Chase Young is one of those early picks whose career is difficult to articulate. Is he a bust? Well, it’s not like he’s a terrible player. But you also can’t say he’s lived up to his Draft position. It’s undoubtable that some team will roll the dice on his natural talent when he hits free agency. In the past, pending free agents have been rewarded for a big Super Bowl performance. If Young shows up against the Chiefs, he could potentially earn himself millions.
On that topic, Valdes-Scantling is a likely salary cap cut for Kansas City this offseason. Guess which quarterback he played with the first four years of his career. It happens to be a quarterback who loves it when his team signs familiar pass catches.
I have this vision of Valdes-Scantling’s agent pulling him aside this week and saying, “Marques, I need you to focus in practice these next few days. If you put up numbers on Sunday I promise you I can talk Joe Douglas into shelling out $15 million in guarantees.”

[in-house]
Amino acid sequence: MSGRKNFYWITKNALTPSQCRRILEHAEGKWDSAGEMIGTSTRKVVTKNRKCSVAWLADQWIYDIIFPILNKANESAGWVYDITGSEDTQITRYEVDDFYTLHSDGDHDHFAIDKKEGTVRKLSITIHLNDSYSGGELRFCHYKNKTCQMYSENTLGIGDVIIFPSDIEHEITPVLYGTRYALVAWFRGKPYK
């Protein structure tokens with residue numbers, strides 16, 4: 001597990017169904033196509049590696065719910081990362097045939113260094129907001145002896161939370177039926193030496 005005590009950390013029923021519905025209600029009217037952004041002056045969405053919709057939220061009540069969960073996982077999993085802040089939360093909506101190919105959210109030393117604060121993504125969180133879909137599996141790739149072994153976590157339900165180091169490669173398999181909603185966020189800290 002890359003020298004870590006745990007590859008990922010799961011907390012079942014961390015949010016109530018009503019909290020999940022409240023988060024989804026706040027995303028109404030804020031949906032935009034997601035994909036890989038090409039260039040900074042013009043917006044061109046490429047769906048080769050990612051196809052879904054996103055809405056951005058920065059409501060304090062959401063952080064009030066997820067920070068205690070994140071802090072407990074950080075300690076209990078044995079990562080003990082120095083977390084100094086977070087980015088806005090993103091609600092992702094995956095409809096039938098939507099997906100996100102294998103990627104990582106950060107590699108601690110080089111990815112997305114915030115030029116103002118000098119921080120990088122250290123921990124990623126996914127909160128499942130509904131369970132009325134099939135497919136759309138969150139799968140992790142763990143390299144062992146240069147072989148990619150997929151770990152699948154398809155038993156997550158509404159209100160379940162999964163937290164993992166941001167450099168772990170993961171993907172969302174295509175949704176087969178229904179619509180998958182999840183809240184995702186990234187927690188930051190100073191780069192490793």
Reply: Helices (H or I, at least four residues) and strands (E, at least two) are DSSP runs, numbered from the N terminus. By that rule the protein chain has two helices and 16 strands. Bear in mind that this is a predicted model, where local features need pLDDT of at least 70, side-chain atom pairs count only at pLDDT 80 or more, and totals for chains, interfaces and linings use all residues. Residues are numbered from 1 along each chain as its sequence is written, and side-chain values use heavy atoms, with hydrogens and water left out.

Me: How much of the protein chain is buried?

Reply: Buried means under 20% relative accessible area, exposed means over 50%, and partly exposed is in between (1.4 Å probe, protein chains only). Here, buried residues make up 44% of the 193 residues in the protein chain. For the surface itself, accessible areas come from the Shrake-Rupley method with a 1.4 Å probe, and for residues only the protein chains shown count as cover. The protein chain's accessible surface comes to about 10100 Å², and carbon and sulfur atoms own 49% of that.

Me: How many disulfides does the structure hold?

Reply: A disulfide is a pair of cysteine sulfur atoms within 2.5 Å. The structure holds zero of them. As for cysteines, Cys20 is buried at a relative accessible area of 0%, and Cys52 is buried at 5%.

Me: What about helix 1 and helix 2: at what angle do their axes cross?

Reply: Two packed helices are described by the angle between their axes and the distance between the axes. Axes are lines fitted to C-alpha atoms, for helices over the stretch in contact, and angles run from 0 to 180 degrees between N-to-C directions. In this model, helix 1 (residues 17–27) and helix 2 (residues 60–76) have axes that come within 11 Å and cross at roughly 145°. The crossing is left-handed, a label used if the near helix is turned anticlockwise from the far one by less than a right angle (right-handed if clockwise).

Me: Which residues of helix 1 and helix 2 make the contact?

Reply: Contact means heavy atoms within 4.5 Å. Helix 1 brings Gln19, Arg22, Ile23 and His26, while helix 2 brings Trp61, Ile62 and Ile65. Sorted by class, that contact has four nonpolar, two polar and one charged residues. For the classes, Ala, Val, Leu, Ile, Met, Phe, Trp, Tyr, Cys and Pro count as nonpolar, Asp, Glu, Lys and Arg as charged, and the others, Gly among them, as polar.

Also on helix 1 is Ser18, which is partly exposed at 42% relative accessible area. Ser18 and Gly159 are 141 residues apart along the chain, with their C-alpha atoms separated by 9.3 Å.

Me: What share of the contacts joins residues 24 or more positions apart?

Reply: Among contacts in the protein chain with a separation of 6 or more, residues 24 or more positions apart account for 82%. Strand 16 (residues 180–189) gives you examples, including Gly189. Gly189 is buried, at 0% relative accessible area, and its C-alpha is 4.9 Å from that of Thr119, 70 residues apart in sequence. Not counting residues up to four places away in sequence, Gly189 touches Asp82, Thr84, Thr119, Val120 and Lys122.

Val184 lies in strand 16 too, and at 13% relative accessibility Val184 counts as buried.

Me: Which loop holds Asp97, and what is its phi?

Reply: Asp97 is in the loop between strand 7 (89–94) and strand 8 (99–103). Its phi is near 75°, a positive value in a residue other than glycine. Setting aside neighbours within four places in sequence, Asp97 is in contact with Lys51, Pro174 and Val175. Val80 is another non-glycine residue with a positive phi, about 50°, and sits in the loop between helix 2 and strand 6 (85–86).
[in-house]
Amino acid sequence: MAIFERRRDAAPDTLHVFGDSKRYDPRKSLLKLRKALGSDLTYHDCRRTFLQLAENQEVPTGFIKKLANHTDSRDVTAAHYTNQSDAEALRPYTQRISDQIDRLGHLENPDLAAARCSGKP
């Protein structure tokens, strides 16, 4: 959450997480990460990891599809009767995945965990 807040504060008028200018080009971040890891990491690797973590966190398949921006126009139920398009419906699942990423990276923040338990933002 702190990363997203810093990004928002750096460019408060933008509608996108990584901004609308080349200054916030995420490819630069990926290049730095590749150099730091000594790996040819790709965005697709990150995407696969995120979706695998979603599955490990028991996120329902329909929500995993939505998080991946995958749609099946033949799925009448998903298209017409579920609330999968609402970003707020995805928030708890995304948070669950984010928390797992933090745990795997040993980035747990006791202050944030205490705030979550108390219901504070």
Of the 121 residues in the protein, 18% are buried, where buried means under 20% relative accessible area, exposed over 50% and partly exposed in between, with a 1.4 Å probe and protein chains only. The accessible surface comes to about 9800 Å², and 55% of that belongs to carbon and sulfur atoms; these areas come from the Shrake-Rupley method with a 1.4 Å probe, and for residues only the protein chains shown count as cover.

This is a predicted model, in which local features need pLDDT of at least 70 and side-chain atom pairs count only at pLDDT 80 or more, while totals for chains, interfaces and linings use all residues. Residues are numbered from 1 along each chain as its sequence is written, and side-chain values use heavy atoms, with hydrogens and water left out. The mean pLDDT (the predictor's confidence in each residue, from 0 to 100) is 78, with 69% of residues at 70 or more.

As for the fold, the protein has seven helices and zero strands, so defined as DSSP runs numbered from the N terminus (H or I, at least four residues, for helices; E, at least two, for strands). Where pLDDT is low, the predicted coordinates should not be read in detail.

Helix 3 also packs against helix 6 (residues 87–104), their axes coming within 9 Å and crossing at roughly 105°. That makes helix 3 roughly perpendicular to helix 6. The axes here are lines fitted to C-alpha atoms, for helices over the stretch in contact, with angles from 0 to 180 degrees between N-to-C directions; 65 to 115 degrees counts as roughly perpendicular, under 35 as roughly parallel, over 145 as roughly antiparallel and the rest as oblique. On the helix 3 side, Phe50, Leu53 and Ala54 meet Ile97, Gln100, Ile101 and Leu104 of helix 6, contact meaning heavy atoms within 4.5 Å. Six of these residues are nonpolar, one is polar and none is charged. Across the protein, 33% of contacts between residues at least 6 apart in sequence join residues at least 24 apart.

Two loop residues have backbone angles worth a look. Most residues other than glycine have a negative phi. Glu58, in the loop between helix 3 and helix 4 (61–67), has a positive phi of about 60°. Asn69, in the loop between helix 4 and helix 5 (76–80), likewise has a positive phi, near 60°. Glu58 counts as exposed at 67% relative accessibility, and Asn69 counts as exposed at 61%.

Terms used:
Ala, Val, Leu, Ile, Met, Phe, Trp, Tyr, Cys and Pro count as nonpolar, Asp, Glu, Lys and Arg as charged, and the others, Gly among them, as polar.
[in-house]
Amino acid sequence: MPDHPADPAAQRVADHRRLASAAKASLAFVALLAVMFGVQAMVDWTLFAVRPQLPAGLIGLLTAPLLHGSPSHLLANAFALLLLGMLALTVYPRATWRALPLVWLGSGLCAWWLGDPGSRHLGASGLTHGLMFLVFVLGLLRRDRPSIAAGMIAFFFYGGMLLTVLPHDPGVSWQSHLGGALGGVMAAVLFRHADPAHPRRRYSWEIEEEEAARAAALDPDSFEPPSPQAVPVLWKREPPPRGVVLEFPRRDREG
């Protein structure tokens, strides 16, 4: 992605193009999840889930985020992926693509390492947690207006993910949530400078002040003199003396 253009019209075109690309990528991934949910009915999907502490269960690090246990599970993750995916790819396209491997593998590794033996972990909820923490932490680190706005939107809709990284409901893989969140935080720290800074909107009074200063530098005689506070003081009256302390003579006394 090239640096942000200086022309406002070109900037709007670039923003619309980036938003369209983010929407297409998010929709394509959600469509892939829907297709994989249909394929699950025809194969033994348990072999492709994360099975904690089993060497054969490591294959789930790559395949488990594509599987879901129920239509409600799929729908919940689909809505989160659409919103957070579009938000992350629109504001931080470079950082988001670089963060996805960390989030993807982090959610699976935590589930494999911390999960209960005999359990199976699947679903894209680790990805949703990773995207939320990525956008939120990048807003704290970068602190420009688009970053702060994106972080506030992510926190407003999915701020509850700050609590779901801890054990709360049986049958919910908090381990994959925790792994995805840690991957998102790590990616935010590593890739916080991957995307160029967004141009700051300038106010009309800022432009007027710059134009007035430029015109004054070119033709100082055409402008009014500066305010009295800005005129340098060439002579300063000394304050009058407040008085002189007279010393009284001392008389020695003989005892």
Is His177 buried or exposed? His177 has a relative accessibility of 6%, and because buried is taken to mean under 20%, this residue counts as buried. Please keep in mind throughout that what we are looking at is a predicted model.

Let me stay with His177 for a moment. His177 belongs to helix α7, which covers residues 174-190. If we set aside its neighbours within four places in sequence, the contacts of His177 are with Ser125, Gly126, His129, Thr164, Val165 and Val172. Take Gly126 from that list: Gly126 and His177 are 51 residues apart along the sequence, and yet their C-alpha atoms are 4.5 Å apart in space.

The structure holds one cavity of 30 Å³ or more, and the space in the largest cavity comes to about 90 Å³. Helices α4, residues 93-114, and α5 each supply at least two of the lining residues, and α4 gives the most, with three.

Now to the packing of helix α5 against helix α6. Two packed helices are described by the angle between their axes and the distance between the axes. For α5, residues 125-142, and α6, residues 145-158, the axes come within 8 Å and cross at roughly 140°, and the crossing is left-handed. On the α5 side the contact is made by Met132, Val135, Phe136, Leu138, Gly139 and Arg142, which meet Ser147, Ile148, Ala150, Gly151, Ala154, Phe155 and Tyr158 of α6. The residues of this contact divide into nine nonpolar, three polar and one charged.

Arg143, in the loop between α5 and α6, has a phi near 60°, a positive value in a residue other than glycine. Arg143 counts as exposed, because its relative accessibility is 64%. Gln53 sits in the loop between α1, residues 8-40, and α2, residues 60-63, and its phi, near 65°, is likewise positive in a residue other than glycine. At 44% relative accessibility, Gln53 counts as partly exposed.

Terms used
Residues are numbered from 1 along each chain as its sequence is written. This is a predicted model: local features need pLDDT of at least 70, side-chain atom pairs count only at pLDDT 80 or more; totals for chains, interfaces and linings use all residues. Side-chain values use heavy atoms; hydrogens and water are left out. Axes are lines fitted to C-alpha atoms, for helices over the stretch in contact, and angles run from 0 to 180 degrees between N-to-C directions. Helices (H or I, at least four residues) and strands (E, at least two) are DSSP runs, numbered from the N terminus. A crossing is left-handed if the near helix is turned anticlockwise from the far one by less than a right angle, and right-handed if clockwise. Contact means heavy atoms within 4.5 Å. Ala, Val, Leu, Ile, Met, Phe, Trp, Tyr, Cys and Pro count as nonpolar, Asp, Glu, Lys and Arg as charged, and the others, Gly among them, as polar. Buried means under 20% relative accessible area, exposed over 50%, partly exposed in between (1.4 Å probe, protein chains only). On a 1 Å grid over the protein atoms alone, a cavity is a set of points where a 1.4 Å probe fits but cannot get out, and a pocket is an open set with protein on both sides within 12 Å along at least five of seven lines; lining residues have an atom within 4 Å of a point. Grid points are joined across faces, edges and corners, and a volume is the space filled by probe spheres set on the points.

Butker is quietly building a resume of clutch kicks. He won last year’s AFC Championship Game and Super Bowl with a field goal. He also has a couple of last second kicks to send Playoff games into overtime. He might be another game-winner away from getting some buzz as this generation’s Adam Vinatieri, the ultimate clutch kicker.
Kansas City has a bit of a no name group at wide receiver, but Rice quietly had a very productive rookie season, falling just short of the 1,000 yard mark. He might be the most likely player to rise from anonymity to stardom on Sunday.